The Supreme Court’s decision last week to allow Texas’s ban on most abortions to take effect raised many questions about legal procedure and the future of abortion in the United States. The most pressing is how to limit the damage that Texas’s plainly unconstitutional law will do to women’s constitutional rights. Many ideas involving the use of Justice Department powers or the raising of private funds are surfacing. But the overriding goal must be for the courts to strike down the Texas law, officially and for good. Unfortunately, it’s hard to see how that can happen without a Texas abortion provider allowing itself to be hauled into court.
The Texas legislature intentionally crafted its ban on all abortions after about six weeks of gestation to avoid judicial review: It gives abortion advocates no obvious party to sue in order to stop it. Typically, advocates would ask courts to enjoin state officers from enforcing the statute while its constitutionality was reviewed; but Texas tapped private citizens, not state officials, to enforce the law. The statute essentially creates a form of vigilante justice in which anyone can bring a case against abortion providers suspected of violating the ban. A narrow court majority found that there was no case for them to adjudicate until a specific entity tried to use the law to harm another specific entity — that is, until some private party brought a case against a suspected abortion provider. In fear of this vigilante justice (in which the abortion providers but not the vigilantes are liable to pay legal costs), clinics stopped terminating pregnancies, chilling abortion access across the state.
Chief Justice John G. Roberts Jr. argued that Texas’s procedural trickery itself should have become an issue for a full hearing and briefing, warning of immediate copycat efforts in other states, which could target abortion or, theoretically, any other constitutional right. Unfortunately, the majority did not heed the chief justice’s warnings.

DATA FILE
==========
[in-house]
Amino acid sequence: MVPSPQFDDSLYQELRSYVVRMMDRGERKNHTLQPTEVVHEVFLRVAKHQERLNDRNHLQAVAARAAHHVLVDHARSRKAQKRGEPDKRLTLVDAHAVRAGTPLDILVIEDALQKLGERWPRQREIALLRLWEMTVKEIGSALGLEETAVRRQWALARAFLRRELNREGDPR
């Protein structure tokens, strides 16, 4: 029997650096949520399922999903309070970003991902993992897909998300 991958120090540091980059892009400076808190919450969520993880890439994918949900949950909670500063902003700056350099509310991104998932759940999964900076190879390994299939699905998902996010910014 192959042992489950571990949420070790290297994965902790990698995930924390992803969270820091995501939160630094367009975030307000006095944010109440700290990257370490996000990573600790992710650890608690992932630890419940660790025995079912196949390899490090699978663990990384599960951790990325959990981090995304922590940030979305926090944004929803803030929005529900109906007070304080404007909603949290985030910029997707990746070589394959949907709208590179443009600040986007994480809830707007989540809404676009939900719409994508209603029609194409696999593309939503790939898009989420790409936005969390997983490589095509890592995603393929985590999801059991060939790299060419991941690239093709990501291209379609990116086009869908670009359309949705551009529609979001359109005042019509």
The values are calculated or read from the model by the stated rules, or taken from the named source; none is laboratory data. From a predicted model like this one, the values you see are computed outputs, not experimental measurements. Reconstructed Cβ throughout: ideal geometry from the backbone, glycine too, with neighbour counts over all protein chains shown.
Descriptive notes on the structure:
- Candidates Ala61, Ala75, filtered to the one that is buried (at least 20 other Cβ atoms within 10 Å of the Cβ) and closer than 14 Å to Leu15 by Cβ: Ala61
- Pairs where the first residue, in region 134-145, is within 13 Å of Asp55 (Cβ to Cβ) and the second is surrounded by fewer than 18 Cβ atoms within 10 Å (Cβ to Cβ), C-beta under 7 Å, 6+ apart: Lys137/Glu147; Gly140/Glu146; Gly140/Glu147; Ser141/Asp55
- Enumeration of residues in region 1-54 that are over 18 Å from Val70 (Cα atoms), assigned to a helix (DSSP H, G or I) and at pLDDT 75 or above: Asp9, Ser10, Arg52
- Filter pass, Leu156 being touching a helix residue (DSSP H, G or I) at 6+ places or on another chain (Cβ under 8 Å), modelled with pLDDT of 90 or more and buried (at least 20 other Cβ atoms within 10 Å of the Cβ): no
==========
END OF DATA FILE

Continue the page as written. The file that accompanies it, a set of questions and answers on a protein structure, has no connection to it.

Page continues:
The result: Texas women’s constitutional rights are being abrogated every day. In the short term, women seeking abortions, particularly poor women, need help traveling out of state to end their pregnancies. In the medium term, the Justice Department has filed a complaint against the law, charging that it illegally interferes with federal interests. Some legal experts, such as constitutional scholar Laurence H. Tribe in a Post op-ed, argue that the Justice Department could also criminally charge anyone who used the Texas law to go after an abortion provider, under a federal statute that bars people from, “under color of law,” willfully depriving individuals “of any rights, privileges, or immunities secured or protected by the Constitution or laws of the United States.” A threat of such action might discourage many people from trying to wield the law.
But it might not lead to the clinics’ reopening across the state. That seems unlikely until some clinic opens itself to a test case that forces courts to consider whether the state’s six-week restriction is constitutional — which it clearly is not under Roe v. Wade and all subsequent precedent.